Well, I’m glad it didn’t bite me on the ***e instead.
What am I talking about, I hear you asking? Sometimes I ask myself the same question. No, I have been quite pro-active about preserving nature and the environment recently. I would have thought that my stance on such matters would have filtered out into the wider world by now: apparently it hasn’t.
At least, it hasn’t as far as one particular beetle was concerned. Now, I always worry when I see a butterfly, moth, wasp, bee or the like, stupidly squatting on the road. Normally I pick them up and move them to safety, although butterflies are incredibly thick and tend to fly right back to the lethal tarmac again. Wasps or bees never sting me when I lift them: in fact wasps seem to enjoy licking the salts from my skin.
All in all, then, these acts of kindness are generally well received by the invertebrate population. I thought that my gentle administrations would be equally well received by a stunning beetle that I saw struggling across the car park of the local supermarket yesterday. I picked it up and the b***ard tried to bite me on the finger. Still, we all have our off days. I put it on a credit card and dropped it off in the grass verge.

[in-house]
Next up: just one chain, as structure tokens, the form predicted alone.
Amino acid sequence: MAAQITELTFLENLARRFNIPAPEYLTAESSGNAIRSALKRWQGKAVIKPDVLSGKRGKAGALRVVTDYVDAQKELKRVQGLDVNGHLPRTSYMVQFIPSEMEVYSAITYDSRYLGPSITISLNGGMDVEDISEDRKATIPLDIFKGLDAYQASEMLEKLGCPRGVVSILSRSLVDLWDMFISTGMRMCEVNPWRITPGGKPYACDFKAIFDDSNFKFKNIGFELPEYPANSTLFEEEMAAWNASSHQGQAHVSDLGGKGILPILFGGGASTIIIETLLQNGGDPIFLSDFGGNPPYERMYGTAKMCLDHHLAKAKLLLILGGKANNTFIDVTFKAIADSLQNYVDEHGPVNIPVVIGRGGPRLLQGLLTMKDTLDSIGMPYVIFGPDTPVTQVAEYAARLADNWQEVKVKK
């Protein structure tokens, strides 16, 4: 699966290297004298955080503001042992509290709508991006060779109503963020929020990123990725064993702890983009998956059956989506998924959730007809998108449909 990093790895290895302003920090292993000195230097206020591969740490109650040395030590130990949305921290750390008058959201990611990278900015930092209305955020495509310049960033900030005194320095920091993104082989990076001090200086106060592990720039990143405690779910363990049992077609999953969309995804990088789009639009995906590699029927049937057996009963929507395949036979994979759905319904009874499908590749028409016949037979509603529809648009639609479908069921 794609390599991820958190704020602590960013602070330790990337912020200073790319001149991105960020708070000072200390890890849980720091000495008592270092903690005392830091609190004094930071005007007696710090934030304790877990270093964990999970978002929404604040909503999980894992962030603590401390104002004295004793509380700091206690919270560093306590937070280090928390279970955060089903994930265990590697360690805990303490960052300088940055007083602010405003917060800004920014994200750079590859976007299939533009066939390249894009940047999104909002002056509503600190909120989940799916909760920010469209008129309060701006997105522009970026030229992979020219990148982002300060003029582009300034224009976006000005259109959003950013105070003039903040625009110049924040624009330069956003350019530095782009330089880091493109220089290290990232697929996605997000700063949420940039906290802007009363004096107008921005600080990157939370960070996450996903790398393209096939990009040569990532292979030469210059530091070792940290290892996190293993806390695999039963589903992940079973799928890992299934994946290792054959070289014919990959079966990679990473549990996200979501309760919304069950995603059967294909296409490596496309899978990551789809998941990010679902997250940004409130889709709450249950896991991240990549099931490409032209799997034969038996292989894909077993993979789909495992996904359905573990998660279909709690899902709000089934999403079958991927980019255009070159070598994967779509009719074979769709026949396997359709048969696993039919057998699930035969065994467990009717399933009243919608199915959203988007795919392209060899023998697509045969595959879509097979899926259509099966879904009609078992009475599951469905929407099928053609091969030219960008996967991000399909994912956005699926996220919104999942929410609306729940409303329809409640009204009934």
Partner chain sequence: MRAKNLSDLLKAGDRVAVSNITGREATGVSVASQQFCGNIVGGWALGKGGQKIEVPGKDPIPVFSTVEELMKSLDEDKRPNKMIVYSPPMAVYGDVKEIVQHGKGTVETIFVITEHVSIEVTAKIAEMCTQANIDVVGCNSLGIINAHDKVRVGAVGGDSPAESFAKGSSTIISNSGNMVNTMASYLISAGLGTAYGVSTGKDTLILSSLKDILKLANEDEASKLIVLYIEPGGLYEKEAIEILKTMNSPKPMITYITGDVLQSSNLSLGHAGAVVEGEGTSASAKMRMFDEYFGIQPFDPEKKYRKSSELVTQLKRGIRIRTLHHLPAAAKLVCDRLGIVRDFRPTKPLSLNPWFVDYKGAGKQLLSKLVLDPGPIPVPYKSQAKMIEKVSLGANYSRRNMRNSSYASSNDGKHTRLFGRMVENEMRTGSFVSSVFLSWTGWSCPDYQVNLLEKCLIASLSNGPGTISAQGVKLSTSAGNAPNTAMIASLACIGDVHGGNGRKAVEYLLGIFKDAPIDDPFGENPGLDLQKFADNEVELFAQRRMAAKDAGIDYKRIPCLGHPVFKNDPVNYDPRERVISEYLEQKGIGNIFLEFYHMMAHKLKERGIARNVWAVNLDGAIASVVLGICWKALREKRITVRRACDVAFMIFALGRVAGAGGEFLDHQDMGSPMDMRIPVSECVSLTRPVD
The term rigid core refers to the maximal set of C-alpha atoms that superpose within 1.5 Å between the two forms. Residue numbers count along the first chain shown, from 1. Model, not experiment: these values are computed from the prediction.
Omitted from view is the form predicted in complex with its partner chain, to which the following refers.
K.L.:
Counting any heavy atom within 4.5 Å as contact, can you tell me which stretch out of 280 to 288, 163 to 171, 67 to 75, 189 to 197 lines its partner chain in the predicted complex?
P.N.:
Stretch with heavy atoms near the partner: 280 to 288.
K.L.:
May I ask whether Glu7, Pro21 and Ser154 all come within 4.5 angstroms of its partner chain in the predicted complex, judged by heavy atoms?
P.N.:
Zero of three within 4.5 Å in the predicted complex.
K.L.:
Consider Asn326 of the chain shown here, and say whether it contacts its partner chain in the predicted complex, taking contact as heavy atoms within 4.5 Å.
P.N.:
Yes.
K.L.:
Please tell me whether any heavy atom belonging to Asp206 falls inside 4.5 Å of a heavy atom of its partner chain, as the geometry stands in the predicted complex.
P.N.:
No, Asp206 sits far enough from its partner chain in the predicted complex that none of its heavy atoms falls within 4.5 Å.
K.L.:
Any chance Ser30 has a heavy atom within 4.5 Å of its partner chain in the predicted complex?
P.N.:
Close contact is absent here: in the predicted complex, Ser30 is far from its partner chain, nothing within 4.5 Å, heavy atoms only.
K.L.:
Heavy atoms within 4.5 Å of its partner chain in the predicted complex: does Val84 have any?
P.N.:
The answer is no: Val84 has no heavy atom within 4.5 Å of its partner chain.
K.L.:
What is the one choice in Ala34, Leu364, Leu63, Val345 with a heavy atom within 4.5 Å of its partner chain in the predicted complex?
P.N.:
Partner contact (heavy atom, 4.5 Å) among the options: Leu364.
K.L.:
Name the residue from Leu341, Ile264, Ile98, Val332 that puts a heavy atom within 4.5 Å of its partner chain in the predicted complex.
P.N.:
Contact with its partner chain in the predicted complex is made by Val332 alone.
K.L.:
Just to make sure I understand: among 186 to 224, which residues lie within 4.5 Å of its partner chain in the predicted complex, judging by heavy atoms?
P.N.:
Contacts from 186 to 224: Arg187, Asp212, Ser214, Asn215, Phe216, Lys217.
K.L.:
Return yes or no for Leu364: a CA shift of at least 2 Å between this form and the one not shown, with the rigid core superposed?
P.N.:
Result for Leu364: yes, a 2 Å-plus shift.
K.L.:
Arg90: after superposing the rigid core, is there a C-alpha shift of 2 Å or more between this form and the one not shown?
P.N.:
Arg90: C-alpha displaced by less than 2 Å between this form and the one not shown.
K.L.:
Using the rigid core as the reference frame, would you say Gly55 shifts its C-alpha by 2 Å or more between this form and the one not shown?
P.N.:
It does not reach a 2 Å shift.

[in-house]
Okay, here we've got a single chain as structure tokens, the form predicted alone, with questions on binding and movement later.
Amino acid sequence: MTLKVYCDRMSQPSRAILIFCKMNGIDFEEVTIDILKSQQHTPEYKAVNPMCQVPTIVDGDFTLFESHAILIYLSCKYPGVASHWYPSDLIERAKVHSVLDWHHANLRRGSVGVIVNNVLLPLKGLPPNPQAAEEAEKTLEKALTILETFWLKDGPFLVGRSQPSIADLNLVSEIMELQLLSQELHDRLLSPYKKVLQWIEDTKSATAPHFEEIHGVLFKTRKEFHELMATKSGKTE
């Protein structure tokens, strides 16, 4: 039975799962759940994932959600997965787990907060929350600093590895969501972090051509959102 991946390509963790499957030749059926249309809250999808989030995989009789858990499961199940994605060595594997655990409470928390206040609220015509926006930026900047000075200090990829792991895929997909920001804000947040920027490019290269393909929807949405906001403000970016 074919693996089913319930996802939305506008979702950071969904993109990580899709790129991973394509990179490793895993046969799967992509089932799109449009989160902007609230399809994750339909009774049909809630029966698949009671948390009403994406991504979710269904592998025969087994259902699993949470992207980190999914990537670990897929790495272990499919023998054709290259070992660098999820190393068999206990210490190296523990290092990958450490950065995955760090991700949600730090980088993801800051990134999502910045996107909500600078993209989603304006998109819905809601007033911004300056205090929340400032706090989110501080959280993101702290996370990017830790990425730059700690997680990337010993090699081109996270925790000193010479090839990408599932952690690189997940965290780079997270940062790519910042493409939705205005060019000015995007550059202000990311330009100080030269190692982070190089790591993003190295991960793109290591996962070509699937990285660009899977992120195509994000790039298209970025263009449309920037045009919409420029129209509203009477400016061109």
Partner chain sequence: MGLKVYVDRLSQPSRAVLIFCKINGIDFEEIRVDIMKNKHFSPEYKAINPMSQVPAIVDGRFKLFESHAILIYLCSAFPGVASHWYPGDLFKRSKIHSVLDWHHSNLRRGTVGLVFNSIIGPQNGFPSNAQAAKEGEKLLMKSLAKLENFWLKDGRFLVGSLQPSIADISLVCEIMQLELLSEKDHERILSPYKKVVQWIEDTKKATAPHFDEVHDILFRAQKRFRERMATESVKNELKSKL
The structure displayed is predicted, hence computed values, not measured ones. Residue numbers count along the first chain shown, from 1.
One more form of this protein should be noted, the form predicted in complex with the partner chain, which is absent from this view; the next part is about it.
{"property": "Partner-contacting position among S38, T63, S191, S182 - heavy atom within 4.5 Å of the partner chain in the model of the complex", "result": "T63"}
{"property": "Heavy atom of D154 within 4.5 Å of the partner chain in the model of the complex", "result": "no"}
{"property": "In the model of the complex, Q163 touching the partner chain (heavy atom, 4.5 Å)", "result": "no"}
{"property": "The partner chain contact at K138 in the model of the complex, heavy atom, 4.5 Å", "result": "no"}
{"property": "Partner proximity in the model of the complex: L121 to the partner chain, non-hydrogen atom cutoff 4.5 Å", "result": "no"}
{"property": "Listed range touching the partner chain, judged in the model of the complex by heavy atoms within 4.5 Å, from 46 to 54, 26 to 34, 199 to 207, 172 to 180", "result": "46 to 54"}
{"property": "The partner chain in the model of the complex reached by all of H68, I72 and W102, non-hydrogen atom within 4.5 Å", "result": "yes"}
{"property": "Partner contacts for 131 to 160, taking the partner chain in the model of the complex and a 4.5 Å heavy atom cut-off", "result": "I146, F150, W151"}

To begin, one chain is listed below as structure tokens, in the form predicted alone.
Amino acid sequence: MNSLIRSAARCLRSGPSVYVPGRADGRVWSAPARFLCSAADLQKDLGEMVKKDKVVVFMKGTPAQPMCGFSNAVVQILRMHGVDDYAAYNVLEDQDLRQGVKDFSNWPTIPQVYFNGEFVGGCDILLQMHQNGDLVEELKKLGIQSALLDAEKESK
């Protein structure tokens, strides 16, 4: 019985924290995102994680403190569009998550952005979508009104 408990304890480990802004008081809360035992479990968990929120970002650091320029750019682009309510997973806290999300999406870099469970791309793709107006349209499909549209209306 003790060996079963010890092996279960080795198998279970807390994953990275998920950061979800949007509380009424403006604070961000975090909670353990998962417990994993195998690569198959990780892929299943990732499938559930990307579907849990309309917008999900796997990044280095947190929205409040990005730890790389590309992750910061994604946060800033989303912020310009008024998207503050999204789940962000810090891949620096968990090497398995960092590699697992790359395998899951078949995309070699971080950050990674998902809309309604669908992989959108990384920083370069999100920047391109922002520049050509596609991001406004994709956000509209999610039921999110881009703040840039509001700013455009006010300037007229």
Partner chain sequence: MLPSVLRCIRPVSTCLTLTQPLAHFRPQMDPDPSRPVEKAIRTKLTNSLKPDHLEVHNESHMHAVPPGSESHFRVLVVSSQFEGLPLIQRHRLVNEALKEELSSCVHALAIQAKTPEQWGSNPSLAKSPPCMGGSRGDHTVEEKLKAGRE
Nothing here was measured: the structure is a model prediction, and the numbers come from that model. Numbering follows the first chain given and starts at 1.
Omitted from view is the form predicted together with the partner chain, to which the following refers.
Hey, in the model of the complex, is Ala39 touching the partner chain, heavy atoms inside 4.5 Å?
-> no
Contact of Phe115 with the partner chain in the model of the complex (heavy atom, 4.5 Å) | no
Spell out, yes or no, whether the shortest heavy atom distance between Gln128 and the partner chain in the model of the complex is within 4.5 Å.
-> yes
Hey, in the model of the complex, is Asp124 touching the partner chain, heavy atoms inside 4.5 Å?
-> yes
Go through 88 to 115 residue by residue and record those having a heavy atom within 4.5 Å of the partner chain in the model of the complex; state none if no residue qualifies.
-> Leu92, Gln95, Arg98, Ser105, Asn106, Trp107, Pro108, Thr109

Here’s a picture of one of its mates: not the bloody minded individual that I picked up because I didn’t have a camera at the time. I was fascinated by it because I hadn’t seen one before. It turns out that its a Sexton beetle, named after the old position held by someone who maintained a cemetery. They’re fascinating insects which work as a couple to dig under an animal corpse, burying it for their young to feed on. They exude a fungicide to stop the carcass smelling, so that it does not attract competition. They clean the carcass of fur or feathers with which they insulate their underground home. If the body is too big for one pair to handle, others come to assist and they all live in a commune under the body…fascinating.
It still tried to bite me and I’m not even dead yet…ungrateful little beetle!